Released: 30 May 1969 (UK), 4 June 1969 (US)
Written by George Harrison, Old Brown Shoe was originally released as the b-side of The Ballad Of John And Yoko. It remains a largely overlooked gem from The Beatles’ back catalogue.
I started the chord sequences on the piano, which I don’t really play, and then began writing ideas for the words from various opposites… Again, it’s the duality of things – yes no, up down, left right, right wrong, etcetera.
I Me Mine, 1980
In the studio
The Beatles performed two versions Old Brown Shoe on 27 January 1969, during the Let It Be sessions at Apple Studios. The first was sung by Harrison with just a piano accompaniment, followed by an attempt by the whole group with Billy Preston.
The next day they returned to the song, playing through it eight times, and once more on 29 January. These versions have all been bootlegged from the hours of rehearsals and jams taped by The Beatles for the Let It Be album.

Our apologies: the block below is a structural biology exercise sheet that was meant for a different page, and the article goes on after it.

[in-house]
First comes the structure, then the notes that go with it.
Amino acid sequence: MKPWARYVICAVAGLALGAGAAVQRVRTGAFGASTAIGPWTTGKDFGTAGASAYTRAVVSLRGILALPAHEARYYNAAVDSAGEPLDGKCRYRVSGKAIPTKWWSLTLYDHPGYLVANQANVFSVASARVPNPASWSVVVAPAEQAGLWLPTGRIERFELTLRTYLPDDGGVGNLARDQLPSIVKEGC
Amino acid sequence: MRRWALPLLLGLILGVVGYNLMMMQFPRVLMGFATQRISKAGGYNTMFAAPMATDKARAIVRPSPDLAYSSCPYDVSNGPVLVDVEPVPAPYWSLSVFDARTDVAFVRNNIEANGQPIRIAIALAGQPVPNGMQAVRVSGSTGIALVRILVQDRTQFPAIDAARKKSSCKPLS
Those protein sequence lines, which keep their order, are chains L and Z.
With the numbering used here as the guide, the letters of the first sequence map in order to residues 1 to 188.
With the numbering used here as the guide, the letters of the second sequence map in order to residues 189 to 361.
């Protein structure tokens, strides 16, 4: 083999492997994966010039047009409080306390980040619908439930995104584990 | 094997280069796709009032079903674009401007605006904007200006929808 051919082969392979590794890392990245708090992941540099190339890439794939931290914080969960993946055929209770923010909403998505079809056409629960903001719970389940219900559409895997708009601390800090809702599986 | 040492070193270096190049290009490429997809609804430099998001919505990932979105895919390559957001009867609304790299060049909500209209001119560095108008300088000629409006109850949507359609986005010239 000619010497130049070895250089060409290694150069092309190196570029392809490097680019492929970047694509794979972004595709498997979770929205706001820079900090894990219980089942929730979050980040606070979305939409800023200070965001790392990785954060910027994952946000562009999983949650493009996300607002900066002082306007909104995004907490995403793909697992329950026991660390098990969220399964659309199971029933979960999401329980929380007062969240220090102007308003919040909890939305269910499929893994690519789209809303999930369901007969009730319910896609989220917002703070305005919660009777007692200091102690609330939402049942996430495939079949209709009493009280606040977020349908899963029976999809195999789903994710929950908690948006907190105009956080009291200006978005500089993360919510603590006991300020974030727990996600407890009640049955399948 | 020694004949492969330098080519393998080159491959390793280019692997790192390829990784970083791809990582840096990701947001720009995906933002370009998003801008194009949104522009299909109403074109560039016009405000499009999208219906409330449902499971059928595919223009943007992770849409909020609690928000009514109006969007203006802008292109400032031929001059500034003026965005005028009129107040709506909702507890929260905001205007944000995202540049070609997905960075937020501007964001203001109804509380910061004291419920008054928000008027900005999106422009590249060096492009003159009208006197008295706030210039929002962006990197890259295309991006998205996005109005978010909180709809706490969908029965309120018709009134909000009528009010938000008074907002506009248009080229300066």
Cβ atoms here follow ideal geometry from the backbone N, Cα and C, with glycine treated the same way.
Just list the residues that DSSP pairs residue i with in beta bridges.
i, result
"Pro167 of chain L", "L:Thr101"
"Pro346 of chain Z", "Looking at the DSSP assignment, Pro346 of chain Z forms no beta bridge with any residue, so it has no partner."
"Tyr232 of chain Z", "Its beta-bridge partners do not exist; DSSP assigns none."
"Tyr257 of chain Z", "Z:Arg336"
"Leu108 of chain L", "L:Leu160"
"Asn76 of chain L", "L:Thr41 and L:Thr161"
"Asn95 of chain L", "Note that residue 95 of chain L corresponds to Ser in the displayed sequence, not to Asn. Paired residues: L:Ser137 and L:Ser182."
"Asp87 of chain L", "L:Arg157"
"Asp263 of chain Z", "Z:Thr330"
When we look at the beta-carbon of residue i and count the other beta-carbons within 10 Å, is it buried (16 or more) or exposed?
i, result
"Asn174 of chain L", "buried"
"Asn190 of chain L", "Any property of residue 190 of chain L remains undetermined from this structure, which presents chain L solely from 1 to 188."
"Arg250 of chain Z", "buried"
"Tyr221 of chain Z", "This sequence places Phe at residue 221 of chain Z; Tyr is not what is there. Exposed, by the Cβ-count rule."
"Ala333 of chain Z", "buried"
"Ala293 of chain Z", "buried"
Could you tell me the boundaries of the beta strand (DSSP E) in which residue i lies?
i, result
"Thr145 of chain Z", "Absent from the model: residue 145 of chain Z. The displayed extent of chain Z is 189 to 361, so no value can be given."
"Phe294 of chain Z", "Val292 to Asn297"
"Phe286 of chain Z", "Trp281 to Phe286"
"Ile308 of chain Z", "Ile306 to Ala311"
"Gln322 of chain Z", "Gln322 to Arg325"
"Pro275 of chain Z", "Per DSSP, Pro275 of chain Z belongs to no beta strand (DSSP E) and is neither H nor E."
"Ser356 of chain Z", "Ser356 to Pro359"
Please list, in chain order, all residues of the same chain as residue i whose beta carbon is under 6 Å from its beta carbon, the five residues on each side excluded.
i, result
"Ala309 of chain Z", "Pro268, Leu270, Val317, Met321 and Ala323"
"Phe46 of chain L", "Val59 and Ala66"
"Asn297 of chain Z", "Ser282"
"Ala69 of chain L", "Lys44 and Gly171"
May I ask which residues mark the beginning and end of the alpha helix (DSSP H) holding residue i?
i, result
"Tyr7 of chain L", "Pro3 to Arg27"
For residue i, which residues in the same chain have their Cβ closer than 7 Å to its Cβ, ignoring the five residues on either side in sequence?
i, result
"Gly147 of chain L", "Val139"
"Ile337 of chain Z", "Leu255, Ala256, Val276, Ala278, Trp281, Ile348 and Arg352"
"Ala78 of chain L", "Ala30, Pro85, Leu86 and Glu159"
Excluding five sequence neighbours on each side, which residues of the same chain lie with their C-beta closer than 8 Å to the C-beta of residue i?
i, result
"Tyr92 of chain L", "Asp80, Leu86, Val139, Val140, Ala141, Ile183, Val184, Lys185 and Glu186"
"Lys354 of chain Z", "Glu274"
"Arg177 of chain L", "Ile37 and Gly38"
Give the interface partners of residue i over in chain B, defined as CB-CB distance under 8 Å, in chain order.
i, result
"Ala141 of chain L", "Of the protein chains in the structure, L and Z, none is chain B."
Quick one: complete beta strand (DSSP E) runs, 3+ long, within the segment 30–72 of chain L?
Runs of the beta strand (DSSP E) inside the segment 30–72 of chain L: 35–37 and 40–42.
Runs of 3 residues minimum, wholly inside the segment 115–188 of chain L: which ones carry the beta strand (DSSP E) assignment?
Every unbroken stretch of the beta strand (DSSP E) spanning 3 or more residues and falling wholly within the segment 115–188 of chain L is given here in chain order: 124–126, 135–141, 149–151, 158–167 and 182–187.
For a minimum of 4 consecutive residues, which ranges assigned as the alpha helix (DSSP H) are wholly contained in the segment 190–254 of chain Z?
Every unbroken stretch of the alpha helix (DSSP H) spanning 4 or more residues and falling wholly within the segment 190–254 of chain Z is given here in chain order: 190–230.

On 25 February, his 26th birthday, Harrison recorded two takes of a solo demo of Old Brown Shoe. He also recorded versions of All Things Must Pass and Something, possibly so the other Beatles could learn their parts. Why he needed to do this for Old Brown Shoe is unknown – possibly he was dissatisfied with the previous group attempts, and wanted them to reconsider the song.
Each of the demos can be heard on Anthology 3. Of the three, Old Brown Shoe was the most elaborate. Harrison began with vocals and piano, before adding a number of guitar overdubs.
The Beatles eventually began work on the song on 16 April 1969. In the morning Harrison recorded a second demo version, and that evening the group taped four takes.
Track one contained Ringo Starr’s drums, while the second and third featured Harrison’s guide vocals and lead guitar. Paul McCartney’s piano was recorded onto track four, and John Lennon added rhythm guitar onto track eight.
Lennon and McCartney then overdubbed backing vocals onto track five. Electric guitar and bass parts were added by McCartney and Harrison on six, both instruments doubling up the same riffs. Harrison’s lead vocals were the last to be added, onto track eight, for which he positioned himself in a corner of the studio to give an intimate sound.
Two days later Lennon’s rhythm guitar was wiped in favour of a Hammond organ part. Another lead guitar track was also recorded, both of which were played by Harrison.